A. Actually, you can do either, but I would heartily recommend that you plant it outside.  First, prepare a bed for your hyacinth, and it will reward you with many years of color and fragrance.

Hyacinthus orientalis is the parent plant for a huge variety of hybrid hyacinth bulbs that are available in garden centers every fall.  Originally a pale blue or violet flower, cultivars have been developed into a full range of colors including lilacs, pinks, and even a blood red bloom called 'Jan Bos'.

A good garden spot should be one in full sun with average, well-drained soil.  Because the bulb becomes dormant in warm summer weather, the ideal spot should receive little water during this time.  By spreading a 2-to-4-inch layer of compost or chopped leaves over the planting area and working it into the top 10 to 12 inches of soil, you can improve the drainage of most Gulf Coast clay soils.  Just be sure that the bulbs don't sit in water during rainy summer months.  The water will encourage fungal infections and bulb rot.

When the bed is ready, dig a hole 6 to 8 inches for each hyacinth bulb, and set the bulb in the hole.  Carefully replace the soil around the bulb to refill the hole; tamp down the soil with your hands to firm, and water thoroughly.  Apply a 1-to-2-inch layer of mulch around the plants to discourage weed growth and to prevent rain from splashing soil onto bulb leaves and flowers.  Mulch will help keep your plants clean and discourage disease problems.

Generally, with organic matter added to the pre-planting soil and a layer of mulch added after planting, you will not need to fertilize.  However, for those who desire top-notch growth, you can sprinkle a commercial organic fertilizer over the soil.  Try to find a mix blended specifically for bulbs, and follow package instructions.  If such a fertilizer can not be found, then a general garden fertilizer will do.

Watering the bulbs should be only necessary when they are actively growing and the soil is dry.  To test for dryness, pull back the mulch layer and feel the soil.  If it is moist, wait a few days and check again.  When the soil surface feels dry, penetrate the soil about 3 inches.  If it is dry at that depth, it is time to water.  Water by applying it directly to the soil, not through a sprinkler.  If the area to be watered is small, lay the hose end next to the plant, turn the hose on low and water for about 30 minutes or until the soil is moist.  A soaker hose turned on low for a few hours will cover a larger area effectively.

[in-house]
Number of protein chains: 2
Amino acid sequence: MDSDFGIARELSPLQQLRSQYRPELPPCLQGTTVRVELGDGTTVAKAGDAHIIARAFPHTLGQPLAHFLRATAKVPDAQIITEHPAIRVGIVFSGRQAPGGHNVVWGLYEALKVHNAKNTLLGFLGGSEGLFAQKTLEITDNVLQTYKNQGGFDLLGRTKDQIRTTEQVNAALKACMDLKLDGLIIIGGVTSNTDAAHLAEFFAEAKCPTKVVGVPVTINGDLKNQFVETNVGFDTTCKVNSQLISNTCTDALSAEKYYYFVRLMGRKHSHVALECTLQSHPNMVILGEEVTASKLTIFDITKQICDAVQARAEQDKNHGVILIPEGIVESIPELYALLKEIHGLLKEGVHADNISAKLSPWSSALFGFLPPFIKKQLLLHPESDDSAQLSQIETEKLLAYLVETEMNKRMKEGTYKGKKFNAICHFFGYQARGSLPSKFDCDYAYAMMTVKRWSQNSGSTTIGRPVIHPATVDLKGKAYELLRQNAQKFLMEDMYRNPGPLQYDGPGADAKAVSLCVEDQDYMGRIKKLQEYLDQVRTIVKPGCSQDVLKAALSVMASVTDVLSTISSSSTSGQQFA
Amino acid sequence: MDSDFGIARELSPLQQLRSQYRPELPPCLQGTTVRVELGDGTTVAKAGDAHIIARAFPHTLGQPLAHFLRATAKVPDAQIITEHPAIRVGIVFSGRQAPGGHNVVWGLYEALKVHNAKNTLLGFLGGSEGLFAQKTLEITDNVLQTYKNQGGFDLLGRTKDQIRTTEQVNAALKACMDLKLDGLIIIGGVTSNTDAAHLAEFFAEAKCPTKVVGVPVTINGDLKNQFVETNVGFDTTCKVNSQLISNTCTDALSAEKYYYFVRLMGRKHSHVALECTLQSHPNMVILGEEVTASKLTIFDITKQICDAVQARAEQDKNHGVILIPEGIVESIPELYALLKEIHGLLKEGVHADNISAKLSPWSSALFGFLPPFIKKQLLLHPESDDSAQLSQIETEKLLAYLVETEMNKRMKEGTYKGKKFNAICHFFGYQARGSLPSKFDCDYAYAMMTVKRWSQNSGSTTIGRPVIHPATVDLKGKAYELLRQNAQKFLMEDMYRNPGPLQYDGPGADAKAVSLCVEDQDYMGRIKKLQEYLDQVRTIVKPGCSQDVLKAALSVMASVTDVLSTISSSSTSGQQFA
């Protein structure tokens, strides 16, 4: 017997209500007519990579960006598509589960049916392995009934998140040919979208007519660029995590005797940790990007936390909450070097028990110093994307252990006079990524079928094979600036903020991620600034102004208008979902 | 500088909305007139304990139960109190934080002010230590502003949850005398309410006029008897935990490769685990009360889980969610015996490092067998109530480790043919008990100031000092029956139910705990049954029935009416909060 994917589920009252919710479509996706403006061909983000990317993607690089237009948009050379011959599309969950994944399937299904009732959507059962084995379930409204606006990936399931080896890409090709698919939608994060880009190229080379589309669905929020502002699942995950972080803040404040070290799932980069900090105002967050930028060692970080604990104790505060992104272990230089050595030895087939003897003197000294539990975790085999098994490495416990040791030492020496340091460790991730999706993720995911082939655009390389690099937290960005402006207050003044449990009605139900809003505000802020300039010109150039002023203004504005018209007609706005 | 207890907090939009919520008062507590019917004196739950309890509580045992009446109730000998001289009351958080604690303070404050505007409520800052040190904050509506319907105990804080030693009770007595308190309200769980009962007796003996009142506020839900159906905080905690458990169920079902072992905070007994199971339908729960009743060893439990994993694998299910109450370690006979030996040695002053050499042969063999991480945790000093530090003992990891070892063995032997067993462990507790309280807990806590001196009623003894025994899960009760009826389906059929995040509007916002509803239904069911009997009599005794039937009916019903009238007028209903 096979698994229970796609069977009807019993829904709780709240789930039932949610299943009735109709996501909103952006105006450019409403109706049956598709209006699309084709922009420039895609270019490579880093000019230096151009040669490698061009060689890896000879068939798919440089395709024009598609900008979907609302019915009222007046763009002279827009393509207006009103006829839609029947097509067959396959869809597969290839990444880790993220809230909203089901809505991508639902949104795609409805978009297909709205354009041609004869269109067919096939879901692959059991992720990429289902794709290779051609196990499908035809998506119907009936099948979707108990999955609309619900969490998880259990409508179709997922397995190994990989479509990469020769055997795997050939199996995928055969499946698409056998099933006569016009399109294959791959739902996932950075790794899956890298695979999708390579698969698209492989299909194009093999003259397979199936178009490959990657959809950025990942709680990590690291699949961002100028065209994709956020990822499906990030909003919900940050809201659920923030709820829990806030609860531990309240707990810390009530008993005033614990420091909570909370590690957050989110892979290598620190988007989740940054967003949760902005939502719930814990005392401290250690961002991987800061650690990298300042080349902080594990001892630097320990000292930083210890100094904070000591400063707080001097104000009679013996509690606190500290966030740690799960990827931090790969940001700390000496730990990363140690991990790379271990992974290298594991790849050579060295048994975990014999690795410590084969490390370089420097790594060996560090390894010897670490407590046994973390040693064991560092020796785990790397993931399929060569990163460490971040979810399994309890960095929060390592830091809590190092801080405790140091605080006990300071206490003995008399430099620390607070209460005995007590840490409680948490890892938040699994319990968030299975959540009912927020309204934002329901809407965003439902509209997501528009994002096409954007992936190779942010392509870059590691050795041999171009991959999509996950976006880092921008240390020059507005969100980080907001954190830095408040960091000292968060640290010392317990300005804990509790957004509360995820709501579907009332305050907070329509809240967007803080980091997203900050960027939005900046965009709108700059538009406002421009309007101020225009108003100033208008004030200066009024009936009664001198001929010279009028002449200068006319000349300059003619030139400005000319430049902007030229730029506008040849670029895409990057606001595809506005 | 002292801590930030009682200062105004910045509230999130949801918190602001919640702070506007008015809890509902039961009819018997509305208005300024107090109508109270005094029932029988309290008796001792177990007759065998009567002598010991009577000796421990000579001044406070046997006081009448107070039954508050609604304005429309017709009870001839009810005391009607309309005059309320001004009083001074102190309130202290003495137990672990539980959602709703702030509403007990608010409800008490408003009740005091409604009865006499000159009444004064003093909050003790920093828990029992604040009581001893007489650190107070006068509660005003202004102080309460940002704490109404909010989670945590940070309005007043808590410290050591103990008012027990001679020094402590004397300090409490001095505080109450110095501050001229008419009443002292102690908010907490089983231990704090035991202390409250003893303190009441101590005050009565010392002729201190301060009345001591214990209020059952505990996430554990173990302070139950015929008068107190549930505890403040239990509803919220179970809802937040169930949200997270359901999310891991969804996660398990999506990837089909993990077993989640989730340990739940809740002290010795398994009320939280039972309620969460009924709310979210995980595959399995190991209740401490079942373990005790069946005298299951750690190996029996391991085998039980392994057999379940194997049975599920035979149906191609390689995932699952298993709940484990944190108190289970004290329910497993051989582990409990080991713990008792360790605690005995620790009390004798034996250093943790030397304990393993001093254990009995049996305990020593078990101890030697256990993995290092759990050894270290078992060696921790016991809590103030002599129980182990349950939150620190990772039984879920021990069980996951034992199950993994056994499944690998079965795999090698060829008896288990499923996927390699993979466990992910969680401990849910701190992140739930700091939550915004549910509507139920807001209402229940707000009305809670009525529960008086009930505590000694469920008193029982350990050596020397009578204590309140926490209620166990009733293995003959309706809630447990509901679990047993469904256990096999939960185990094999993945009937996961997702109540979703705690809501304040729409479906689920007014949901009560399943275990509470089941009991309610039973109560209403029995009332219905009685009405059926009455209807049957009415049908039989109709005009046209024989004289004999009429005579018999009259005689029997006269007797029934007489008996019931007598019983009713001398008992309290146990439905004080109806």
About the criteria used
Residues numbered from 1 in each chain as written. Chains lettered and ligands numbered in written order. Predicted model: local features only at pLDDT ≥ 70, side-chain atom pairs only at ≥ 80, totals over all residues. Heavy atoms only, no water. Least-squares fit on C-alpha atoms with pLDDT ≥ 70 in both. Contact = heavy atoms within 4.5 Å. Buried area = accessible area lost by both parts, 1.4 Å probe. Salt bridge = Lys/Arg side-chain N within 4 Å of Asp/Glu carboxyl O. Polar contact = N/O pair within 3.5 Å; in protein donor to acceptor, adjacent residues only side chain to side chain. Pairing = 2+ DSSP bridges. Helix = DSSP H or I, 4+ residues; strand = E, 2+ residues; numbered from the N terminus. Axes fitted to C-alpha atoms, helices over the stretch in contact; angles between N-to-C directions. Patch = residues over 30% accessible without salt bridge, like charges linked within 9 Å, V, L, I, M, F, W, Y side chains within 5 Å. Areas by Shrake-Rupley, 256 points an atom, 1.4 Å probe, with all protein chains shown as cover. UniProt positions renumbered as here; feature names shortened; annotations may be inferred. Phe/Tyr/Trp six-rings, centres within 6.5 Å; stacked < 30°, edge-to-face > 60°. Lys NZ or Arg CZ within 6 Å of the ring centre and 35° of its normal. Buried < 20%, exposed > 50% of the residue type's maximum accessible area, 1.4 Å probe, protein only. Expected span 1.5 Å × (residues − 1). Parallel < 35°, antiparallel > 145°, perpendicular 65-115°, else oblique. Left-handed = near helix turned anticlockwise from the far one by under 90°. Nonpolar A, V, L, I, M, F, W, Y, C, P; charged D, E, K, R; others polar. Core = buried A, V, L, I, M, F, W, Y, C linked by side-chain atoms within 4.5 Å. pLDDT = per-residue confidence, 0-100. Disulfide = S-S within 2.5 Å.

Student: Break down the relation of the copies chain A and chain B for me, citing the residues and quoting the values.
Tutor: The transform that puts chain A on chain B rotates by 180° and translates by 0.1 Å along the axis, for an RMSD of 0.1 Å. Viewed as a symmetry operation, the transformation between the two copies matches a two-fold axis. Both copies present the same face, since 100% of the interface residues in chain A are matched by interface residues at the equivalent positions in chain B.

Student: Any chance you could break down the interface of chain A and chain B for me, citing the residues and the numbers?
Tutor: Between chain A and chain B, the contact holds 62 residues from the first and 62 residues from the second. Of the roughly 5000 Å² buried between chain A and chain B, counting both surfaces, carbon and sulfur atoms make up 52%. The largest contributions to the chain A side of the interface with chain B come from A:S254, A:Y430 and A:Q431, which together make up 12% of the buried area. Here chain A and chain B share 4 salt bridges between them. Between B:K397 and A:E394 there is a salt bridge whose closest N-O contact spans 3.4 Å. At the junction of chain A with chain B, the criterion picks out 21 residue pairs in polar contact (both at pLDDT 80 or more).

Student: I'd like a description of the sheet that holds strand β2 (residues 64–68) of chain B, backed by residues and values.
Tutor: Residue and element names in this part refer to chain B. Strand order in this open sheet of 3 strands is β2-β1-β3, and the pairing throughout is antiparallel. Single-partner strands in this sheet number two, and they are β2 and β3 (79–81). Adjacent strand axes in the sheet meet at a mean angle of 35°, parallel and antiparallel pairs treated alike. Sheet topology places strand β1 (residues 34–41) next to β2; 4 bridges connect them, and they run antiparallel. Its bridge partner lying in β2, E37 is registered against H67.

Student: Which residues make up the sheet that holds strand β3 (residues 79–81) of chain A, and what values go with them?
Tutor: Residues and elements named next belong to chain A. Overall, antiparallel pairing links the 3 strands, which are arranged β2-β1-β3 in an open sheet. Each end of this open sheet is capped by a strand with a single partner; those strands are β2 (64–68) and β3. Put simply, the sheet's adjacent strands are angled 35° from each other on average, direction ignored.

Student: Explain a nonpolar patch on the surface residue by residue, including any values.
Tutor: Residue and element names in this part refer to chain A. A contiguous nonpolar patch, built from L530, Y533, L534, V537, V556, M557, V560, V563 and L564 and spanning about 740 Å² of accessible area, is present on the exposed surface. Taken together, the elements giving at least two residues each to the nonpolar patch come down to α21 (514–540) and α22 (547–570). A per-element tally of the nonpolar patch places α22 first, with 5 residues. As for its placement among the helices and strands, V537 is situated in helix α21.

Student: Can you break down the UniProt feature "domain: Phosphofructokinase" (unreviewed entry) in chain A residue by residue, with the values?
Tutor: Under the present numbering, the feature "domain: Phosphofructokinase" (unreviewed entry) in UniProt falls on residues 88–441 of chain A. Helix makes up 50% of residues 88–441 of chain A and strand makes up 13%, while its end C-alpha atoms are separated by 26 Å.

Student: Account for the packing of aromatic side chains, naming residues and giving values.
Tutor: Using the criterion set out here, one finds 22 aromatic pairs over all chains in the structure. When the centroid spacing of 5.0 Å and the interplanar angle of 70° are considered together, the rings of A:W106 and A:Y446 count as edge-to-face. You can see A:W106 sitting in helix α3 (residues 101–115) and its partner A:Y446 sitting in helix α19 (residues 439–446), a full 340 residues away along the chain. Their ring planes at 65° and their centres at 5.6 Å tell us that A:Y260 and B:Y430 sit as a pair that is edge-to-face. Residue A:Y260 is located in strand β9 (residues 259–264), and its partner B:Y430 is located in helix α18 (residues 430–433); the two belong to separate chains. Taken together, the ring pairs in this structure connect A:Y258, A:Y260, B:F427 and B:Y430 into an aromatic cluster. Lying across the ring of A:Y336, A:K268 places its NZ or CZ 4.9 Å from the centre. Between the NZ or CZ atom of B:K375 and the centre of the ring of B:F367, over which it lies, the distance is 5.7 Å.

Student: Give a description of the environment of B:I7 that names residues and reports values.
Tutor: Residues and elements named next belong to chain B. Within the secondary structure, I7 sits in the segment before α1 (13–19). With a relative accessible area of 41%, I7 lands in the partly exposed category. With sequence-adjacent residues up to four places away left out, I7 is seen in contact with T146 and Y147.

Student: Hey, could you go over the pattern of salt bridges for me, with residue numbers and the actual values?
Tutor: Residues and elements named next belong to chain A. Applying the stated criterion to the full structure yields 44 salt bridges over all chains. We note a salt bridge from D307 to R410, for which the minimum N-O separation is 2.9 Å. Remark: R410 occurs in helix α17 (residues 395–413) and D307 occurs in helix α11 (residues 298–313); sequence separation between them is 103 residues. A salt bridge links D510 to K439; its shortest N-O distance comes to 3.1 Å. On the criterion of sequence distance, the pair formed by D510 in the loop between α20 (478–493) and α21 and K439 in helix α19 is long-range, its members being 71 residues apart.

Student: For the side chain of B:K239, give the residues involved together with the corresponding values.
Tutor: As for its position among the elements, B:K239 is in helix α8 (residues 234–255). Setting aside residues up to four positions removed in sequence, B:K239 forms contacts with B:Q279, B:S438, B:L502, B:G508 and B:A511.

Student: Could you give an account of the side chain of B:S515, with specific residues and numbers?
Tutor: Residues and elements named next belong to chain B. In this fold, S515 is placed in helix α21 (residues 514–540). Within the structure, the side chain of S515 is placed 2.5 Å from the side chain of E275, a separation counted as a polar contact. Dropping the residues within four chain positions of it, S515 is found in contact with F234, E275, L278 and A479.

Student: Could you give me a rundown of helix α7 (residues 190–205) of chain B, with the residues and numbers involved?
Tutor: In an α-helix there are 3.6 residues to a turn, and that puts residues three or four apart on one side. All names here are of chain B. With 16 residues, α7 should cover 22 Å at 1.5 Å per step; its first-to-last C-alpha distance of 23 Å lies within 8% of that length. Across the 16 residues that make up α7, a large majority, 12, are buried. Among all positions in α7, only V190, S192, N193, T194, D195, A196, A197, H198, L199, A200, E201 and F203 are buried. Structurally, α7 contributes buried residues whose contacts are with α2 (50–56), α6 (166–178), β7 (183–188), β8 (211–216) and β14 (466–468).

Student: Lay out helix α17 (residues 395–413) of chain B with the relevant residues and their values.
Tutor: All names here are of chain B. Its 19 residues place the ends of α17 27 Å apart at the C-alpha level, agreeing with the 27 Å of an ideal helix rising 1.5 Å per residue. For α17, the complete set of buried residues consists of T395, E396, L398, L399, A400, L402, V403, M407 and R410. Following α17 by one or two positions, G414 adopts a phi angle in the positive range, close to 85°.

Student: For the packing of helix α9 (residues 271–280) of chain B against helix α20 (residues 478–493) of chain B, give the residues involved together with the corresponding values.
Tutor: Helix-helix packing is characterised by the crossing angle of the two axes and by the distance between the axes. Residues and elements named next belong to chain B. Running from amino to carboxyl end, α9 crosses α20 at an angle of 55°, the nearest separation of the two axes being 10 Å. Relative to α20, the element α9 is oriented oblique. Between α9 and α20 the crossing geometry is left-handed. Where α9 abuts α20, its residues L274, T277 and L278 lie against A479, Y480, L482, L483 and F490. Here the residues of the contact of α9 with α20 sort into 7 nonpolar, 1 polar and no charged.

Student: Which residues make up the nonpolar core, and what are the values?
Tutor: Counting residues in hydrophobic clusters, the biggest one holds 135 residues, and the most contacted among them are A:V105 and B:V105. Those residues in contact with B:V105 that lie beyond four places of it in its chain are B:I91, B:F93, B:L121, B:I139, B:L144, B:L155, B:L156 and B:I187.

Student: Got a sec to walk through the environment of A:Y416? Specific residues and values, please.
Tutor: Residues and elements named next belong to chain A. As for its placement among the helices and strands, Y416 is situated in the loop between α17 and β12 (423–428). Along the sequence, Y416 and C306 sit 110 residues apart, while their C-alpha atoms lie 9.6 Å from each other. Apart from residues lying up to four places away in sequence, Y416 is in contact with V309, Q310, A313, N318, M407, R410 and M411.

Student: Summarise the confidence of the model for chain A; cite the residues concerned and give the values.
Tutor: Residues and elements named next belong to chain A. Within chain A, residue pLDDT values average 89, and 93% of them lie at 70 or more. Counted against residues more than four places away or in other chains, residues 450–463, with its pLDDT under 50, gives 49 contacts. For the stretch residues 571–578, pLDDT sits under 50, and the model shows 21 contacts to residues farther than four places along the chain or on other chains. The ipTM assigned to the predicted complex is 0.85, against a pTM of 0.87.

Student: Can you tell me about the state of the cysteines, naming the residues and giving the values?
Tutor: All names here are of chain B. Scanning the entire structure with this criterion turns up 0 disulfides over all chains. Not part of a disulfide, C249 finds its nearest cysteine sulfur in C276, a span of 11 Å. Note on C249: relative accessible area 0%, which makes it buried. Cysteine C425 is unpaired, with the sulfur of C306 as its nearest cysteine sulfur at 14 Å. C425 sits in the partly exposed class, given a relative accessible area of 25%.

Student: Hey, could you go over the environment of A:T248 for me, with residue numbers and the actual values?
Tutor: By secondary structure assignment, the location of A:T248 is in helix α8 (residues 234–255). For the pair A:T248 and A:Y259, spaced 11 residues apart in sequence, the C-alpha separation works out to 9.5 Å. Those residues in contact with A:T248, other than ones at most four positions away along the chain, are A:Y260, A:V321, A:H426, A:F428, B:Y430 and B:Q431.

Once the blooms have dried out, remove them.  (This has already occurred in your case.)  However, as long as there are leaves growing from the bulb, it is producing and storing food for next year's blossoms.  Don't remove the leaves until they have turned brown.  Prompt removal is necessary to help prevent fungal diseases.

You will want to mark your hyacinth bed in some fashion once the foliage is gone so that you will remember where it is and what it is.  Hyacinth bulbs will winter well in the soil in the Gulf-Coast area.  Just be patient.  Early in spring, shoots will break through the soil with promises of blossoms to come.


This web site is maintained by Master Gardener Laura Bellmore under the direction of William M. Johnson, Ph.D., County Extension Agent-Horticulture & Master Gardener Program Coordinator.

All digital photographs are the property of  the Galveston County Master Gardener Association, Inc. (GCMGA) 2002-2013 GCMGA - All Rights Reserved.